The Regional District of Central Kootenay is expected to increase its staffing by a handful of positions once it signs off on its 2013 budget next week.
The financial plan, which unanimously received three readings from the board today, calls for six new jobs that will cost up to a combined $442,000, including salary, benefits, software, and office set-up. The additions are based in part on recommendations from a consultant’s review of the organization.
The positions include a project manager, budget manager, accounts clerk, human resources technician, half-time parks planner, and half-time sustainability co-ordinator.
Chief financial officer Grant Roeland said the positions haven’t yet been posted, and existing staff will likely fill some of them. The additions also hinge on reorganization in senior management.
Roeland is leaving after this week to take the same position with the neighbouring Regional District of Kootenay Boundary. His replacement hasn’t been named, but Rod De Leeuw is filling in as manager of finance in the interim.
Corporate officer Dawn Attorp is also leaving in June and will be replaced by deputy corporate officer Anitra Winje. The shuffles come a few months after Brian Carruthers took over as chief administrator from the retiring Jim Gustafson.
Roeland anticipates the new budget manager won’t be hired until a decision is made on his soon-to-be-vacant position, but the new accounting clerk will help. “The volume of our invoices has grown 20 per cent over the past three years. We can’t keep up,” he said.
The full-time human resources technician will also deal with a growing backlog. “We currently have in excess of 300 full-time positions [including recreation centres] and only one dedicated HR position,” Roeland said. “If you look at any industry, you’ll probably see that we’re very short by comparison.”
He explained the project manager position was approved in 2012, but hiring was put off until this year. It will be paid primarily through the regional district’s waste management and water functions.
“That’s where our large projects are, specifically the transfer station,” Roeland said, referring to the impending move of the Nelson transfer station from the waterfront to a site a few kilometres west of town near Pacific Insight.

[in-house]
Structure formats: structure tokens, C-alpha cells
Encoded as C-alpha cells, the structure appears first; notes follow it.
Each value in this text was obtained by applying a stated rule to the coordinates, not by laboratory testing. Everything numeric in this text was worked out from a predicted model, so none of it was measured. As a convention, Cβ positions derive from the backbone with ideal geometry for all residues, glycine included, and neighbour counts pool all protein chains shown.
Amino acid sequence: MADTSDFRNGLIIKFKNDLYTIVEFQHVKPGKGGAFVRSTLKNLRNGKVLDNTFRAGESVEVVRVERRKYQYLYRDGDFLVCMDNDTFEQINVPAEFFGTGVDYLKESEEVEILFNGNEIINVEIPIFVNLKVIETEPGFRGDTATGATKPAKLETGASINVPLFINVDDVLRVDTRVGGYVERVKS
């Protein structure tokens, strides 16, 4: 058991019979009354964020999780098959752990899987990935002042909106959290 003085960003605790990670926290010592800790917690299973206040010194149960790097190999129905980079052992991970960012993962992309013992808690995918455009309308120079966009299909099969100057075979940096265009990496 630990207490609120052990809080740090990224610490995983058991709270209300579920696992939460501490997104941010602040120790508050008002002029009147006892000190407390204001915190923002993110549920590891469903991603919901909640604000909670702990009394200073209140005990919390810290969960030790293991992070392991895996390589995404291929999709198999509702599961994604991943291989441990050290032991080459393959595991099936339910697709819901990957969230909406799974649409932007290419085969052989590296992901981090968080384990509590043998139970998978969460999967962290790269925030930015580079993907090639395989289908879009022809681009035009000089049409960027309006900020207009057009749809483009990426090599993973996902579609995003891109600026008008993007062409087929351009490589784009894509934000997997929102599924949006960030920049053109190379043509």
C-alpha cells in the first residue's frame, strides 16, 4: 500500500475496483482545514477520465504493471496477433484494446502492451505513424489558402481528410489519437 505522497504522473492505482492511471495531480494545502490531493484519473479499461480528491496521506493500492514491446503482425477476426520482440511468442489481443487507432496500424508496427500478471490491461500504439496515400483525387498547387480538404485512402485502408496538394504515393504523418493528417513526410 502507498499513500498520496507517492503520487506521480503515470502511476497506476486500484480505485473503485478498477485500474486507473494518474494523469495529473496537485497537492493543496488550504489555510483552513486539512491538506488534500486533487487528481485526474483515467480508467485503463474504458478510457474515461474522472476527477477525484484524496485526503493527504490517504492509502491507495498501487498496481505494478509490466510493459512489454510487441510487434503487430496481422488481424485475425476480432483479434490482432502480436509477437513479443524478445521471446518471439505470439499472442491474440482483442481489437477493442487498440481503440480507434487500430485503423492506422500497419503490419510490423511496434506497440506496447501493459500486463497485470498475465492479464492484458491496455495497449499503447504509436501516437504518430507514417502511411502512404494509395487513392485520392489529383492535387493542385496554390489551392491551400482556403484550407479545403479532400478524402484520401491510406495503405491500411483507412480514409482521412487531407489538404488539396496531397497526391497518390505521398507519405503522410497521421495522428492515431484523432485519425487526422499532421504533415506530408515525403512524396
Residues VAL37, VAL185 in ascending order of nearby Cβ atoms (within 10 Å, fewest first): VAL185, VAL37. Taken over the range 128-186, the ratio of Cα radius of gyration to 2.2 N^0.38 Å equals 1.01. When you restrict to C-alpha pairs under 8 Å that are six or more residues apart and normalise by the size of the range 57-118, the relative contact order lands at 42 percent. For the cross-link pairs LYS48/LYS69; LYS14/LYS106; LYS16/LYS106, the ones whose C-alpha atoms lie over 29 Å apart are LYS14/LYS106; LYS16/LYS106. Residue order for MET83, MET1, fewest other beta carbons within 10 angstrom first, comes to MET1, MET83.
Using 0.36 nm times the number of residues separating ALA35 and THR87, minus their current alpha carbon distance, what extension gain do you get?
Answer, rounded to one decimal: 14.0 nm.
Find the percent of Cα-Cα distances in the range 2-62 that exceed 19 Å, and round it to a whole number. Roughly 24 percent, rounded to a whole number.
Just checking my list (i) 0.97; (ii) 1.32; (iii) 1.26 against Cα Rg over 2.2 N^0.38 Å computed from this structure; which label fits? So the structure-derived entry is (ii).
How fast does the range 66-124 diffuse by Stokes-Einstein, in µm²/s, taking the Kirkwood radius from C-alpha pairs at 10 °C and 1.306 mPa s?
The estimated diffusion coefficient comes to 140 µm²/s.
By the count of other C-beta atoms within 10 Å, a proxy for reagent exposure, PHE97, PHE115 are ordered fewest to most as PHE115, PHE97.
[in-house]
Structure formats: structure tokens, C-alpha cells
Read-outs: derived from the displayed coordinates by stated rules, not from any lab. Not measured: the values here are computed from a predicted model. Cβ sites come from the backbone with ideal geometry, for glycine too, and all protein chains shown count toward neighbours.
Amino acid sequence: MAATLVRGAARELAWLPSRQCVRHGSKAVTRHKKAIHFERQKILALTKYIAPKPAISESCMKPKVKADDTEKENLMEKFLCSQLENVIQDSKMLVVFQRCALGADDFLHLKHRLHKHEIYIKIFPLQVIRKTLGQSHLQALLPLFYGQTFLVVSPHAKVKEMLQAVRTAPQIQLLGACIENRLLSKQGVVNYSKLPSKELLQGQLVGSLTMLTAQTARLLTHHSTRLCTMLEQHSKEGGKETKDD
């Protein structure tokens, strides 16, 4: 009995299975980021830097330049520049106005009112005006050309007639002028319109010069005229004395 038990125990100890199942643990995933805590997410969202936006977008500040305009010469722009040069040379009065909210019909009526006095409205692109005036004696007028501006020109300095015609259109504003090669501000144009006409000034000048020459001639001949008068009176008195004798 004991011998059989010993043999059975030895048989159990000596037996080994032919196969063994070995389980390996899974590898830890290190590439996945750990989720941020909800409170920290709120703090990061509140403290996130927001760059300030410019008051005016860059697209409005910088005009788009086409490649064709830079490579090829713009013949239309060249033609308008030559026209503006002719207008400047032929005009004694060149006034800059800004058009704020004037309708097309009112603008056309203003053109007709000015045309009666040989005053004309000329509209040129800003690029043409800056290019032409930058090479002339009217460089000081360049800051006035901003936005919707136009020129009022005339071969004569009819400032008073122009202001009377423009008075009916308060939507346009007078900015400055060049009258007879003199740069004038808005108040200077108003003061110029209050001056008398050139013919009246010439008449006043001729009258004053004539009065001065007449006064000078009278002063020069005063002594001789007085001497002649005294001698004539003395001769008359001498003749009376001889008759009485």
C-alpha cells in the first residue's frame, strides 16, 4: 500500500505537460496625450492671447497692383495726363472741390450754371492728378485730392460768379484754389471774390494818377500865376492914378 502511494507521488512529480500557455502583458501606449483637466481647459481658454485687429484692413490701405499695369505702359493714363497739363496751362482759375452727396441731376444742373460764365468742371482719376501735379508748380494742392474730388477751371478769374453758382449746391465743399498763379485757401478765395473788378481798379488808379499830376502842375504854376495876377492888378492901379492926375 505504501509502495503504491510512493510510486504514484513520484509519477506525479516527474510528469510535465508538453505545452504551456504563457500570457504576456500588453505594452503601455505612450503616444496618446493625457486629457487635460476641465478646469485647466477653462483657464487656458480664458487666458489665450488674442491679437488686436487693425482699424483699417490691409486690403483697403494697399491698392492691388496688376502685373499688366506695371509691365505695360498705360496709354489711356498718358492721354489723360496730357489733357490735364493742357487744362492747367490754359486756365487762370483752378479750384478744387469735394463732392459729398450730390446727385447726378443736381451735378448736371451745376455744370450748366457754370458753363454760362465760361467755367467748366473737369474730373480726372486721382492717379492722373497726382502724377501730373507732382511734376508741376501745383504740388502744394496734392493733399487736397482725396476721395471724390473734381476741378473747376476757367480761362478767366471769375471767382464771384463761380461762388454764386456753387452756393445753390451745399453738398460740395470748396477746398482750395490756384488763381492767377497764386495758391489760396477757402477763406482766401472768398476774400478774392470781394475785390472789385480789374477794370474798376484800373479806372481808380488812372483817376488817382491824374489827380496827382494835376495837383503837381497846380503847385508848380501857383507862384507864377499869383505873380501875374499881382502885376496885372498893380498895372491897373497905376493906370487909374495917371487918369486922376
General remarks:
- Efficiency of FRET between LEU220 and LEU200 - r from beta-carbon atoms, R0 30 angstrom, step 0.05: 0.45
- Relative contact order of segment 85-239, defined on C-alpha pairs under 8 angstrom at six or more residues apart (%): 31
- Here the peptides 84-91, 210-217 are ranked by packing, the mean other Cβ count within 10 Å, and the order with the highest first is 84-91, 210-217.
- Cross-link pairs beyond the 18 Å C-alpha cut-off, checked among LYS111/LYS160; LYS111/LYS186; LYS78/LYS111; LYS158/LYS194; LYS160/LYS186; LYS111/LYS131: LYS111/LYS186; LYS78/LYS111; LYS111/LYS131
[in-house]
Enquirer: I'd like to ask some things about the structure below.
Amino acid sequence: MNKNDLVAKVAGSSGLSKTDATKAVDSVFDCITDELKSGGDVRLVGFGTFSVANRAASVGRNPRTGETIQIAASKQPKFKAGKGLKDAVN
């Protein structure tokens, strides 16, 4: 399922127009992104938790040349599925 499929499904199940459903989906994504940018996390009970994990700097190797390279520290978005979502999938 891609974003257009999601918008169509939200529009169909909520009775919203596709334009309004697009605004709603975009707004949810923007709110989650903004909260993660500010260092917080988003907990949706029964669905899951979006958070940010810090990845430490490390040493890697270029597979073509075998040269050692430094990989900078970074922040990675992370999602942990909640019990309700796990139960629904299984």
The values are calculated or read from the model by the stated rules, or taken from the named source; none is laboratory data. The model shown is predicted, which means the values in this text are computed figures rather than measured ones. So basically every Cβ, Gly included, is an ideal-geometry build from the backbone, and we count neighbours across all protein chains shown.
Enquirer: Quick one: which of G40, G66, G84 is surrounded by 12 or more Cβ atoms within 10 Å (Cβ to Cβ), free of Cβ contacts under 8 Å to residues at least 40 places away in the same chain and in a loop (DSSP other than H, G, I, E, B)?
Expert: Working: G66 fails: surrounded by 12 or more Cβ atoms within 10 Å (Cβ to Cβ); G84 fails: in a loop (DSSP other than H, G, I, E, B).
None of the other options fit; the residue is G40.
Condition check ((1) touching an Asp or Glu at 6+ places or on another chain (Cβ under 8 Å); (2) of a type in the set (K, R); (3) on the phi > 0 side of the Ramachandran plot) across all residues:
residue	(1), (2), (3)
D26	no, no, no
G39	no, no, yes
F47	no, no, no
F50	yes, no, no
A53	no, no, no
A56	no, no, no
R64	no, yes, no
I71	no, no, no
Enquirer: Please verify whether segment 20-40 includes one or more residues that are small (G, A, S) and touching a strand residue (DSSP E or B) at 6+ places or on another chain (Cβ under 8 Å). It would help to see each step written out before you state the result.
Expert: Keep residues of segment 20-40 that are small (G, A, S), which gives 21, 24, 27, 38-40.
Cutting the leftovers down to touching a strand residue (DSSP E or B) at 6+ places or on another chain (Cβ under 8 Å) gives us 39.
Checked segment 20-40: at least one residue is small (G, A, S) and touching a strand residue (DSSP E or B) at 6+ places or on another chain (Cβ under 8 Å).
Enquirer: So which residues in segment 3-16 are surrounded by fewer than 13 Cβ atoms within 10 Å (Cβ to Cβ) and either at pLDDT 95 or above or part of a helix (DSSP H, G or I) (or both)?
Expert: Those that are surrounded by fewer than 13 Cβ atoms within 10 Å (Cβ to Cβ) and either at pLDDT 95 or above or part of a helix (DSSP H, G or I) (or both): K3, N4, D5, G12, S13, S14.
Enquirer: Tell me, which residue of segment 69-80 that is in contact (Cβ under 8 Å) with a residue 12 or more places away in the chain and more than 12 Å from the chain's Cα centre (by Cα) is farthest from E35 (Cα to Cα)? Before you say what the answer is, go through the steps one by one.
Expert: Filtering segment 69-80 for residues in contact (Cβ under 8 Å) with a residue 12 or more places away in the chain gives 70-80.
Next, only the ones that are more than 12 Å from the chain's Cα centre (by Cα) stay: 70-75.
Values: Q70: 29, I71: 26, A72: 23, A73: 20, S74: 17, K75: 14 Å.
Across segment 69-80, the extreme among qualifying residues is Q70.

Roeland said the part-time sustainability and parks positions will probably be filled by moving around existing staff. Bylaw enforcement will also be beefed up with an additional full-time officer.
He said a corporate review completed last September by consultant Gord McIntosh identified “weak points” in the organization, “where we aren’t necessarily succeeding in meeting our obligations.”
Afterward, Carruthers, the chief administrator, did his own review to verify whether the staffing increases were justified.
“This is pretty well what [he determined],” Roeland said. “Were there more on the list? Absolutely, but this is the core. It’s the level the board felt was acceptable.”
One position considered but not included in this year’s budget was a deputy regional fire chief. It will be looked at again next year.
Finding room for the new hires is a challenge: the budget includes money for a space planner to reconfigure the Nelson head office.
Another major hit to the budget comes from the rollout of new accounting software at a cost of $1.2 million, spread over last year and this year’s budgets. The largest component is expected to be operational as of January 1.
Nelson Mayor John Dooley supported the budget, although he said it represented “quite a shift,” adding they are making “substantial” investments on the promise it will result in cost savings later on.
Dooley said the onus is now on the board to ensure those savings materialize. “We have a substantial increase in staff and costs. I hope our barometers show efficiencies, otherwise we’re staring down the barrel.”
Chair John Kettle said a first quarterly report is due next week, but he’s comfortable with the staffing increases as presented.
“We probably should have been smarter in the past and added some of these positions,” he said. “But we didn’t. We hedged our bets and said ‘Do we want to spend this?’ We didn’t and should have.”
Kettle said saving money through hiring freezes “may be good politics but it’s bad government. I’m comfortable we’re doing the right thing now.”
He told the board the overall budget increase of 1.14 per cent compared to 2012 is “well within the guidelines of good management.”
The budget is valued at $58.7 million, up from $58 million last year.
Today’s unanimous approval marked the third year in a row that it’s been passed without dissent. Final adoption is expected a week from today.